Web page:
The military government in Burkina Faso, on November 21, 2023, adopted a new law that empowers the President to choose the head of the country’s media regulatory body in what has been widely condemned as threat to the independence of the media and safety of journalists in the strife-torn country.
Under the previous law, the President of the CSC was elected by his fellow councillors.
The law governing the powers, composition, organisation and functioning of the Conseil supérieur de la communication (CSC) was unanimously adopted by the Assemblée législative de Transition (ALT), the transitional parliament.
Besides granting the Head of State the power to appoint the President of the CSC, the new law allows for the Vice President to be also appointed by decree upon the recommendation of the Conseil superieur de la communications. This provision is captured under Article 34.
These, among other changes to the law on media regulatory body, have raised major concerns about their impact on press freedom, freedom of expression, and the independence of the regulatory body.
“November 21 is a dark day for the Burkinabe media, marking a serious step backward,” lamented Aboubacar Sanfo, Deputy Secretary General of the Syndicat Autonome des Travailleurs de l’Information et de la Culture (SYNATIC), referring to the adoption of this new media law.
Another alarming development is the broadening of the CSC’s powers, allowing it to monitor social media accounts, particularly Facebook, and pages with at least 5,000 followers.
Regarding this social media oversight, Boureima Ouédraogo, General Secretary of the Norbert-Zongo investigative journalism unit, expressed concern that the law lumps media professionals, social media influencers and bloggers together under the same regulatory framework.
Moreover, Article 55 grants the CSC the authority to seize equipment and close down media houses, while Article 63), allows the regulator to order suspension of broadcast activities, and to temporarily or permanently withdraw press cards.
Minister of Communication, Jean-Emmanuel Ouédraogo unwittingly confirmed that through the new law, the government is seeking to impose submissive journalism.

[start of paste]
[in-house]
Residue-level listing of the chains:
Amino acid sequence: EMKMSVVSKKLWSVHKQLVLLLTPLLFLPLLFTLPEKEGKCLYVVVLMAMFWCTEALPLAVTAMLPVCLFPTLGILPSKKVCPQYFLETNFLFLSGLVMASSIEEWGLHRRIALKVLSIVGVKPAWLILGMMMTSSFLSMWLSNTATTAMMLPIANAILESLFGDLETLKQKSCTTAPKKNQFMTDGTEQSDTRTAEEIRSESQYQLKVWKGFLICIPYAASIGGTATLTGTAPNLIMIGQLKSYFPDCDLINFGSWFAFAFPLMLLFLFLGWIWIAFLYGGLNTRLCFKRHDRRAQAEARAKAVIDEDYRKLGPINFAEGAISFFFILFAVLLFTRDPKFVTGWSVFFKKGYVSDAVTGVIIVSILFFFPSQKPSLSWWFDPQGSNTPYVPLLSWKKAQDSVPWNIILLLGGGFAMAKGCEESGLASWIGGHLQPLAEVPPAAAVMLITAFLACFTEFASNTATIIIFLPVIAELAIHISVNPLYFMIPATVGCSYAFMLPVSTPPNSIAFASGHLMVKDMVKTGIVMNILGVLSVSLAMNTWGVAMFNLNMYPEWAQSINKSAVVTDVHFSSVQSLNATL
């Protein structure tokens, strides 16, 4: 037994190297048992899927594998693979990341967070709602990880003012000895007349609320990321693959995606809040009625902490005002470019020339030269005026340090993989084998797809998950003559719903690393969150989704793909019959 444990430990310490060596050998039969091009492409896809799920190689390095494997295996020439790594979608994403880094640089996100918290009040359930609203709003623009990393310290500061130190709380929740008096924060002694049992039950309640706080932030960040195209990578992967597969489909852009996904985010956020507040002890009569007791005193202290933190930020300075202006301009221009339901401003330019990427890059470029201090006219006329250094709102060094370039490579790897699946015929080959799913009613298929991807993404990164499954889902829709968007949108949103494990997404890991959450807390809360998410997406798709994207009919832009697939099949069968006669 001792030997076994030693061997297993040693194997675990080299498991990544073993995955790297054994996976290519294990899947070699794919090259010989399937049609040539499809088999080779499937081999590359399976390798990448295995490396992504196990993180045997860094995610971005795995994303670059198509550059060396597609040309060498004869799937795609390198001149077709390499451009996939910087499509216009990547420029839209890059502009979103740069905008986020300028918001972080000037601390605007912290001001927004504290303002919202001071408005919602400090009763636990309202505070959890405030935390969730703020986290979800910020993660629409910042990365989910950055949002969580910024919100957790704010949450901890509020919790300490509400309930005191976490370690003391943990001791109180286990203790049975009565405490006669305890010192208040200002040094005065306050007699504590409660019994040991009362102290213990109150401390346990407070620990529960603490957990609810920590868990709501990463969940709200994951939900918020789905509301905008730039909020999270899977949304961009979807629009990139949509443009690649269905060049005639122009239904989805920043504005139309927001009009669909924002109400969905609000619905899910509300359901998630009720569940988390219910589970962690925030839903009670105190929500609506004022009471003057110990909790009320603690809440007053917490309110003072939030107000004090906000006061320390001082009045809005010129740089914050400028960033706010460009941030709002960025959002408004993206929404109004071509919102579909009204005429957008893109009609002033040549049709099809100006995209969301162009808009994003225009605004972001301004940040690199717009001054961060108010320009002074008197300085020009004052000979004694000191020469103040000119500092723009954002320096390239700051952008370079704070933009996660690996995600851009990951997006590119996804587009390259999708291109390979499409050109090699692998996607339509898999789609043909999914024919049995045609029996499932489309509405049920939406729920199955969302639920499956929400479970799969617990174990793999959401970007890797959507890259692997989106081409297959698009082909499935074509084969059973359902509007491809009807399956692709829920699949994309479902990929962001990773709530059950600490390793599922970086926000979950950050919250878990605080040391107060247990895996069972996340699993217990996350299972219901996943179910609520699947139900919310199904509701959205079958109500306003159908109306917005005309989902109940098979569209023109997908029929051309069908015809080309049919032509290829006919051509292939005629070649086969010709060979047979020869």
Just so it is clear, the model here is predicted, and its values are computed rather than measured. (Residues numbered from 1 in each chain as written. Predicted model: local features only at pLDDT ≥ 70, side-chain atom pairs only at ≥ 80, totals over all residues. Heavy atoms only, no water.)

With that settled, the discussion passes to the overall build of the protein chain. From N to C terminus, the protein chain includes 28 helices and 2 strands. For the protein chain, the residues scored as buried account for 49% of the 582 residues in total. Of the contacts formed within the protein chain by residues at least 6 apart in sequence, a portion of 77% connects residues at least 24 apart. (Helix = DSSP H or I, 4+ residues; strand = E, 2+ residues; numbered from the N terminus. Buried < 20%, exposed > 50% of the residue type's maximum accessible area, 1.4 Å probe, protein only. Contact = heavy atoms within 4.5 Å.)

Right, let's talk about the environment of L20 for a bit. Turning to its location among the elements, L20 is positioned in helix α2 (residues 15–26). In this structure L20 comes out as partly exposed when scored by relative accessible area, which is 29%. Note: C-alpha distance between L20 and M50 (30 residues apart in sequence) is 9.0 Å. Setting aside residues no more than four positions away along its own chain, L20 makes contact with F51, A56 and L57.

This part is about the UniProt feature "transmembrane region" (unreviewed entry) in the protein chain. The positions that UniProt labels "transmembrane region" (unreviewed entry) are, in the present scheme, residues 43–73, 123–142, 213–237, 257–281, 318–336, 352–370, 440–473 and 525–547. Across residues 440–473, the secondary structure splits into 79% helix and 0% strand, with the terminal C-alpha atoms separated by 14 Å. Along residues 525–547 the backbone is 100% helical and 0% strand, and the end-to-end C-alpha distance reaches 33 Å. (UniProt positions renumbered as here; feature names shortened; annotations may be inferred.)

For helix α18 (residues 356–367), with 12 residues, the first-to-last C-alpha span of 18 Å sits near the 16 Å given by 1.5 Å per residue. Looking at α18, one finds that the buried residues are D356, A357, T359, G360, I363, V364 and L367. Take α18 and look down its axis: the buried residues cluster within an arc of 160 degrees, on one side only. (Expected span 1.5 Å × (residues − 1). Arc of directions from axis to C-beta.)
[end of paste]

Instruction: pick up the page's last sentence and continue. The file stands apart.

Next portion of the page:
“Journalists have nothing to worry about, as long as they work in compliance with the regulations and that, of course, their work does not damage the reputation of individuals who may undermine national cohesion, and that their work does not carry the seeds of crisis,” the spokesperson for the junta said.
Media Foundation for West Africa (MFWA) believes that the provisions of the new law give the government powerful tools to further influence the media landscape and restrict freedom of expression in Burkina Faso. The law must be reviewed for the following reasons:
• The power granted to the Head of State to directly appoint the chairman of the CSC gives the government direct control over the regulatory body. This process allows the government to install a person favourable to its interests, thereby compromising the independence of the CSC.
# The CSC’s powers to monitor Facebook accounts and pages with a certain number of subscribers provides the government with a means of surveillance on online discussions. This could be used to restrict freedom of expression on digital platforms by targeting individuals or groups critical of the government.
# The power to suspend, shut down a media house or seize its equipment without recourse to judicial oversight can be abused. It is our contention that even if a media house is found by the CSC to have flouted the law, the regulator’s recourse to these extreme sanctions provided under law must be subject to judicial oversight. This is in order to avoid abuses targeted at critical media houses, and in particular, subjecting seized digital equipment to forensic search which could compromise the privacy of its users.
# The power granted to the CSC to permanently withdraw a journalist’s press card is untenable, as such an action amounts to stripping the victim of right to practice as a journalist.
The MFWA is extremely disappointed with the new arrangement and shares the concerns of the media in Burkina Faso. We therefore call on the Burkinabe authorities to address these concerns, by reviewing the law to truly guarantee the independence and freedom of the media. In this regard, we call for constructive dialogue between the government and media stakeholders on the issue.